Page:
Beyond its rubrical concerns, Francis’s first letter gives a window into his developing spirituality. His earlier piety had focused on praying before the Crucifix, repairing or cleaning churches, and reverence for priests. All involved symbolic or mystical manifestations of the Crucified Lord: churches as the place where God chose to dwell, and priests because they have the power to draw Christ down from heaven during Mass.
Francis’s piety has now focused on God’s most tangible manifestation in the world: the Host itself. Francis was developing an ever greater sense that God is present to Christians in the Sacrament, and that it was to be reverenced above all other presences. In both the Host and Christ’s words, the work of Calvary is delivered to the believer. The Host is Christ’s real Body, the same one that suffered and died for us. The sacred words that especially concerned Francis are those used in the canon of the Mass and found in the Last Supper narratives of the New Testament. These record his action of offering himself to his disciples “on the night before he suffered.”
Modern observers find Francis’s growing concern about the writing on scraps of parchment somewhat embarrassing or perplexing. Even pious Christians today have lost this sense of the concrete divine presence. In the thirteenth century, however, this attitude was not some oddity that Francis had picked up from Jewish or Muslim practice. For Christians of his age, the words of scripture were not merely didactic reminders of past events or moral norms. As divine words, they were a locus of power. Merely pronouncing them, as when the bishop read the beginning of the four Gospels toward the city gates facing the four points of the compass during springtime Rogation processions, put demonic powers to flight. When used by Brother Silvester over the city of Arezzo, the divine words could, by their very power, end civil strife.
Now, when Francis began to chant from the book of Gospels as a deacon, he himself proclaimed and enacted the words of power. A perplexed brother once asked Francis about his practice of collecting such scraps of parchment, and he replied: “Son, I do this because they have the letters that compose the glorious name of the Lord God, and the good that is found there does not belong to the pagans nor to any human being, but to God alone, to whom every good thing belongs.” This identification between names and the realities they signify was not only a commonplace in medieval sensibility; it spoke to Francis’s profound sense of God’s presence in the concrete here and now, and in the most commonplace of things and events.
For a layman like Francis, only marginally able to write, letters themselves were mysterious and somehow sacred: friars knew well that when Francis made a mistake in writing, he let it stand, rather than “killing the letter” by crossing it out. Before, as a simple cleric singing the Office, he had chanted the psalms of David; now, as a deacon, he read the very words of Christ. At Solemn Mass, he did so facing north—the direction of darkness and, for medieval minds, paganism, and thus putting both to flight. That certain clerics treated these powerful and holy texts with disrespect outraged Francis’s acute spiritual sense. To leave sacred books on the floor or in dishonorable places was, in its own way, as sacrilegious as the desecration of the Host.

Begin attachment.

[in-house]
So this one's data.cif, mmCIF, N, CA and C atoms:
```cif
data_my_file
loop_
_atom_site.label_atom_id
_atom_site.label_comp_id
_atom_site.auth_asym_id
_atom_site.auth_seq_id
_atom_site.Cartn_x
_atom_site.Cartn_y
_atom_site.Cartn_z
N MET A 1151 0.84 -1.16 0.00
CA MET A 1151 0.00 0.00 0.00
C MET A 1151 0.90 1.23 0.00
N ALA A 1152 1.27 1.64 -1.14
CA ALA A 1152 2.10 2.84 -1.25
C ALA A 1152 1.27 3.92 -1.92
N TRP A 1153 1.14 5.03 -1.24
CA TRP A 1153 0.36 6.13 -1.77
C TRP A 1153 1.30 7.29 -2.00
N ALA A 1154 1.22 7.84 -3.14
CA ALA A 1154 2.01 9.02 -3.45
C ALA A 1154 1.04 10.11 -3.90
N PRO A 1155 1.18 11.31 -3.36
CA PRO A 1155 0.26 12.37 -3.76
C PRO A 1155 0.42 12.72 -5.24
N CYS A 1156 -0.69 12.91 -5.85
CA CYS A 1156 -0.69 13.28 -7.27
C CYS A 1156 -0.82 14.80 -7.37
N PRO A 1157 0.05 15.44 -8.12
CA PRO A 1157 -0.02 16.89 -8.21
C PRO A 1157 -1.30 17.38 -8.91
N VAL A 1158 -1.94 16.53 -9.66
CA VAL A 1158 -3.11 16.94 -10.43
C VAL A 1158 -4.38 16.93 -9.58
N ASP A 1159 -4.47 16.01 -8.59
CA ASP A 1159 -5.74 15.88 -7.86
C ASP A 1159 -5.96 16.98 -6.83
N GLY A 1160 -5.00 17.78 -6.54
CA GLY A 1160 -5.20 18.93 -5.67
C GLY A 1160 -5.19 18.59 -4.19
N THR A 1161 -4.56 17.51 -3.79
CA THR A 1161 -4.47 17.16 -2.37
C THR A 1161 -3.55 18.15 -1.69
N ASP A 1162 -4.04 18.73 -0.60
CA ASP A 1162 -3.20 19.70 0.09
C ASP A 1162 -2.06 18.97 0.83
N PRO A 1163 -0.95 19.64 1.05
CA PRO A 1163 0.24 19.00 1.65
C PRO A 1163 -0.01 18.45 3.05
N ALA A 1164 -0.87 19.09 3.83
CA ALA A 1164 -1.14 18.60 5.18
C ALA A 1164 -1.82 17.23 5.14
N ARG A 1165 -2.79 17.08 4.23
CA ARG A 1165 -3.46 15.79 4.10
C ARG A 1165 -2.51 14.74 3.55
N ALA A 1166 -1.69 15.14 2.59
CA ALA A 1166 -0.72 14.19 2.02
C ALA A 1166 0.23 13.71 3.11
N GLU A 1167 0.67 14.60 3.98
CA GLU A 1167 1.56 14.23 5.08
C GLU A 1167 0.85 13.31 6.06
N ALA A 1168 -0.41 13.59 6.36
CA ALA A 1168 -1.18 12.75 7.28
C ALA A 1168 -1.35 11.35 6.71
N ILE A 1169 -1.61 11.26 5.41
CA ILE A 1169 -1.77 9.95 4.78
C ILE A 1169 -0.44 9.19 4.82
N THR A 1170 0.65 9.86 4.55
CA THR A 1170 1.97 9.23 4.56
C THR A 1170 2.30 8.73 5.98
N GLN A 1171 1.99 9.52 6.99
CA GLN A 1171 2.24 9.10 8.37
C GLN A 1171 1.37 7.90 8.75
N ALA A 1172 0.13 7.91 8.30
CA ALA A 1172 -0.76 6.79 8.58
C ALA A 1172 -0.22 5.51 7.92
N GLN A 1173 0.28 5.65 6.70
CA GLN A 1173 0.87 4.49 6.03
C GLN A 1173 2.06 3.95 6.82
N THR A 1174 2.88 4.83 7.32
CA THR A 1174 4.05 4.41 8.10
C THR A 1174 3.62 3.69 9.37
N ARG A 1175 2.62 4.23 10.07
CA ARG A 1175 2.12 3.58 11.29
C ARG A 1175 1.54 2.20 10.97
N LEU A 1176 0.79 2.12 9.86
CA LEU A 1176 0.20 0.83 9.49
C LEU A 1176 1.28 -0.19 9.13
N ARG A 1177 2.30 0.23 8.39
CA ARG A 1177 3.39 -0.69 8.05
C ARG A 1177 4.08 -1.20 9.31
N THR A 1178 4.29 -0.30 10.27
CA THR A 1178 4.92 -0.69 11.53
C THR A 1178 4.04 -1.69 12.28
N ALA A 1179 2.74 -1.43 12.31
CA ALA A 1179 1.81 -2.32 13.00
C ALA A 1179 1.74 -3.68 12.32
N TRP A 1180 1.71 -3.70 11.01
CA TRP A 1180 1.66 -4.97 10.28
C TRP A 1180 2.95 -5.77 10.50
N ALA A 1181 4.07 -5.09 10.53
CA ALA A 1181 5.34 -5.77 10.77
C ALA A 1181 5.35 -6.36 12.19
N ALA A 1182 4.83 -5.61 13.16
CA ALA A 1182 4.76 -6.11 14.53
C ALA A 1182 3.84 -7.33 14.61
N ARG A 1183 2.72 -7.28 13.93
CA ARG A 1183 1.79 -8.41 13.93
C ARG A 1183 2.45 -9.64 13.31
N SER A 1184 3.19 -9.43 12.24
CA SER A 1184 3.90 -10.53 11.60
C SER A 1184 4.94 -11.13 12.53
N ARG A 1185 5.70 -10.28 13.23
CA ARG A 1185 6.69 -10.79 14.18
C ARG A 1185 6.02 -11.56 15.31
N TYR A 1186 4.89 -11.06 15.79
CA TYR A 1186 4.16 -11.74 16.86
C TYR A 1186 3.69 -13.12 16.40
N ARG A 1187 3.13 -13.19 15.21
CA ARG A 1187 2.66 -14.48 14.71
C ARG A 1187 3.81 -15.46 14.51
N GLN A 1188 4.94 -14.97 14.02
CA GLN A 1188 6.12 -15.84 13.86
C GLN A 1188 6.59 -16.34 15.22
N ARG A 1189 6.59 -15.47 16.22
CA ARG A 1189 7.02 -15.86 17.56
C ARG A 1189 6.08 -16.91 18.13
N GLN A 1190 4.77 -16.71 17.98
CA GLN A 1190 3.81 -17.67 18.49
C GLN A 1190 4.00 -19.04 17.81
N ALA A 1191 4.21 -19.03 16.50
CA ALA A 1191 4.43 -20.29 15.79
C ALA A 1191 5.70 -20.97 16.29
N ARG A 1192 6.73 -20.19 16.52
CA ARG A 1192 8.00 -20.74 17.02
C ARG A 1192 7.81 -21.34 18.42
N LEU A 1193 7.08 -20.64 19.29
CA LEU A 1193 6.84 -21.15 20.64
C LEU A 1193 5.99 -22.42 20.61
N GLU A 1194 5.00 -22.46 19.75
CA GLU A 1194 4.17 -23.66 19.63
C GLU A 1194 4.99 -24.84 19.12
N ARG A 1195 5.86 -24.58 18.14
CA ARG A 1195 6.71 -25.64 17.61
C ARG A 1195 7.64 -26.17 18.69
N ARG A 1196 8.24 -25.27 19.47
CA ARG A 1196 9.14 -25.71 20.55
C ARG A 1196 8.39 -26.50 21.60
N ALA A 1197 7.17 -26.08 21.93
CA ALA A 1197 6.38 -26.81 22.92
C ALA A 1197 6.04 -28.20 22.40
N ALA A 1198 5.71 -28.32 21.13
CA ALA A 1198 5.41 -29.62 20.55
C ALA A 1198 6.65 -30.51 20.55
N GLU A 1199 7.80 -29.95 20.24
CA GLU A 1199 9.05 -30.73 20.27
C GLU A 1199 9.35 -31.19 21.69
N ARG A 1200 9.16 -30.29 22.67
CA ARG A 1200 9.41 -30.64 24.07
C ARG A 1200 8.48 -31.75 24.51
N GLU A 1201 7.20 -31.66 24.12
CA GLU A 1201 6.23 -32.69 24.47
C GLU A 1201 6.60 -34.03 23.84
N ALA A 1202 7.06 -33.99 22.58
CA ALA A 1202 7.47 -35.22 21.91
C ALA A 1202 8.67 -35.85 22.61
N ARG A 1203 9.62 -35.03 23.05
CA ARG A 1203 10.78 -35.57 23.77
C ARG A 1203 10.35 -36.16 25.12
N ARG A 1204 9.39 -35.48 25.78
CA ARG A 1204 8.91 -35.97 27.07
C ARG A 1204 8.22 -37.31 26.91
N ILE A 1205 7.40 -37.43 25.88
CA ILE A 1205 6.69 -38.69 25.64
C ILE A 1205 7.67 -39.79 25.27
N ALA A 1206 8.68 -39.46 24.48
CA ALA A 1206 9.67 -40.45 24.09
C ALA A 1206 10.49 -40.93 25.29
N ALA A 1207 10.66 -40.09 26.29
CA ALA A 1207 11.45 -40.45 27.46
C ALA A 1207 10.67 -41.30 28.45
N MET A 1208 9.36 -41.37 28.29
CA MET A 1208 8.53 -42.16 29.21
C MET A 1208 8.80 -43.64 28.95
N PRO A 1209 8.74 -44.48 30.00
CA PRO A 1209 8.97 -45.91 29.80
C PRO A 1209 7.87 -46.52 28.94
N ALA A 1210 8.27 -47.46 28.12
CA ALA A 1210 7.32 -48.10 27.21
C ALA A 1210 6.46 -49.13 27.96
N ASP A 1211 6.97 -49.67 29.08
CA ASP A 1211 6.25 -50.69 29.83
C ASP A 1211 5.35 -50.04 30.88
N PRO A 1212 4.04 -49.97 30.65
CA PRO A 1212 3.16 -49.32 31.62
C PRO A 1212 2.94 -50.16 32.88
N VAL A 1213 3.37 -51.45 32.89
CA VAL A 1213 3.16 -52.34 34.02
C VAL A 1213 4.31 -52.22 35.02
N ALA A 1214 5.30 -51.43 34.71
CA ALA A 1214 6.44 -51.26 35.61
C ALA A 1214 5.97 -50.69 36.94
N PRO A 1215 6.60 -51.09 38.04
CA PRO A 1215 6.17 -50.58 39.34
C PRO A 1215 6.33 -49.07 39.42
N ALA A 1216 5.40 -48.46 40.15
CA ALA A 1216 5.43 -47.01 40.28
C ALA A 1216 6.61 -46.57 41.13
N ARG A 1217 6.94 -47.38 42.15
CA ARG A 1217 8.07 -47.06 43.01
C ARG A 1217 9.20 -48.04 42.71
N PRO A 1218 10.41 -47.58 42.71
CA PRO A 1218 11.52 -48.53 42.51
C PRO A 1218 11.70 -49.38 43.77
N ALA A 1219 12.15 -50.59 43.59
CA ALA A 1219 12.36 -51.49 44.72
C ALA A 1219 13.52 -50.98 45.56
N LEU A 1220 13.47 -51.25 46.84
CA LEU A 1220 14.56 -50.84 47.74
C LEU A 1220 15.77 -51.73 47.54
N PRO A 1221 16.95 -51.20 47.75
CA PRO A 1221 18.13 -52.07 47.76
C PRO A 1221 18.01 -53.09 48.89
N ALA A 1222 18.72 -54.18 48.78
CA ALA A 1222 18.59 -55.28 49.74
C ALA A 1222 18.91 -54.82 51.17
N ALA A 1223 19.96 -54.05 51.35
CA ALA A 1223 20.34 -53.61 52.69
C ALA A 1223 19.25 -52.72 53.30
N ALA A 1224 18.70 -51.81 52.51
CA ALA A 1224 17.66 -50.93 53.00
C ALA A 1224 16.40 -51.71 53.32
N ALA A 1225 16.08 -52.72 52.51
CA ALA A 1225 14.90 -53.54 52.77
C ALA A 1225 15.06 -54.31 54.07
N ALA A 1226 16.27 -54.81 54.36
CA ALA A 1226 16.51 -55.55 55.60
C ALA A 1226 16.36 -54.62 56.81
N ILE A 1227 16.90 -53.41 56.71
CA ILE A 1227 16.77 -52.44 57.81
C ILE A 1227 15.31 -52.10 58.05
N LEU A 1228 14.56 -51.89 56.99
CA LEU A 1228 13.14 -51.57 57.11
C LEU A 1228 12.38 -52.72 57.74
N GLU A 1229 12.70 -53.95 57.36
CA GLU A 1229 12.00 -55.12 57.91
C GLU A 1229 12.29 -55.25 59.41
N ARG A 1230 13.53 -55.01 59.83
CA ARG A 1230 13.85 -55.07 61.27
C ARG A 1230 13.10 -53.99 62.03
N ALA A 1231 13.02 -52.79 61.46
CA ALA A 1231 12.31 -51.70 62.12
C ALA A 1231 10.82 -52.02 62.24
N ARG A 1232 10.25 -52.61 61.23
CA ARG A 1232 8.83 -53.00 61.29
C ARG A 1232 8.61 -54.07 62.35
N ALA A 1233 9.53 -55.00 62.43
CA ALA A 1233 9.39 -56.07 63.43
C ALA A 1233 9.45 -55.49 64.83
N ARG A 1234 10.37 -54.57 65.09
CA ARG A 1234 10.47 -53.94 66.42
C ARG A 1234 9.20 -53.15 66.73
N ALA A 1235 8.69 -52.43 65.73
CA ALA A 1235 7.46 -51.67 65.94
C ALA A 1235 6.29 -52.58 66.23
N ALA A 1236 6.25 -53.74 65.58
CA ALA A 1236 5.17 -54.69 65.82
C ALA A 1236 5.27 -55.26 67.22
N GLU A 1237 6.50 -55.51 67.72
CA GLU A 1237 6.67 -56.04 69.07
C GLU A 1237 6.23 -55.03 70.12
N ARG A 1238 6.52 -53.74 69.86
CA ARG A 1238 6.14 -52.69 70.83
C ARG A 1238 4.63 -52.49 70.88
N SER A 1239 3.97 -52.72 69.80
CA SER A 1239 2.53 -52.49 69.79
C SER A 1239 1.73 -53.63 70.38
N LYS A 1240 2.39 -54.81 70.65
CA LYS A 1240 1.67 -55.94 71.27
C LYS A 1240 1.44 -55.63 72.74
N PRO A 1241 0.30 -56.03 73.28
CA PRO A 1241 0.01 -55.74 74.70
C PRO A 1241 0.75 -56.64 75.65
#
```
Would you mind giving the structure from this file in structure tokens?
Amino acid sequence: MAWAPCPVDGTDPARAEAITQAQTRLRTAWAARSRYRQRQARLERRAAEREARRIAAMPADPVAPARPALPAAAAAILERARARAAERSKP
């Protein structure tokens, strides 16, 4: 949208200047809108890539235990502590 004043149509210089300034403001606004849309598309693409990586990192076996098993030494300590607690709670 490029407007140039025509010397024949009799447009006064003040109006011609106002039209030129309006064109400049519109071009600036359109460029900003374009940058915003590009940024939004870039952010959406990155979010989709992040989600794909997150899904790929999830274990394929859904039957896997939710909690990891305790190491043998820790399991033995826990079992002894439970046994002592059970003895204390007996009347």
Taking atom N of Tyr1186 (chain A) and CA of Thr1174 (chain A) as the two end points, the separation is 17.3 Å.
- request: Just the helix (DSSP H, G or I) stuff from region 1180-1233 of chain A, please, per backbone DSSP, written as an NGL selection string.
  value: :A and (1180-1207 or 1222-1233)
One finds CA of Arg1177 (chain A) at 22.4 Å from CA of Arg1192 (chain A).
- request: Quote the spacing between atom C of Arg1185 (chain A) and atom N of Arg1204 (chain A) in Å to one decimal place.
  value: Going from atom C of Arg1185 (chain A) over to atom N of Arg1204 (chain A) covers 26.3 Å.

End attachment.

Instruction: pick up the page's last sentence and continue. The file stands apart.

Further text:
Ever more intensely, Francis associated his own experience before the Cross, his transforming encounter with the lepers, and the divine commission to live the Gospel perfectly with the immediate, unmediated presence of Christ given to each Christian in Word and Sacrament. (pp. 62–63)

Again:

Not satisfied with writing to priests, Francis also wrote a circular letter to the local superiors in his order, the custodians. In it he made them directly responsible for ensuring that Franciscan communities properly reverenced the Eucharist and had worthy vessels and appointments for Mass. Typical of his unwillingness to place himself (or his brothers) in a position superior to priests, he instructed the custodians, who would often be lay brothers, to “humbly beg the clergy to revere above all else the most Holy Body and Blood of our Lord Jesus Christ.” 
In addition, he returned to a theme first mentioned in the letter to priests from before his departure for the East. He begged recipients to pick up and keep in a place of reverence any piece of parchment on which was written one of the holy names of God (Lord, Jesus, Holy Spirit, etc.) or the words of institution (“This is my Body”; “This is the chalice of my Blood”) used in the consecration at Mass. Here cooperation of the clergy was not needed; any friar could show reverence to the holy words.
Writing as much to nonordained brothers as to priests, Francis expressed in this letter his own spiritual preferences, without concern for clerical tradition. Instead of Pope Honorius III’s bow, Francis insisted: “In every sermon you give, remind people about penance and that no one can be saved unless he receives the most holy Body and Blood of the Lord. When it is sacrificed on the altar by a priest and carried anywhere, let all peoples praise, glorify and honor on bended knee the Lord God, living and true.” This instruction on sermons, whether by ordained or unordained brothers, shows his determination to encourage the more dramatic and humbling act of kneeling before the Sacrament in place of the older bow.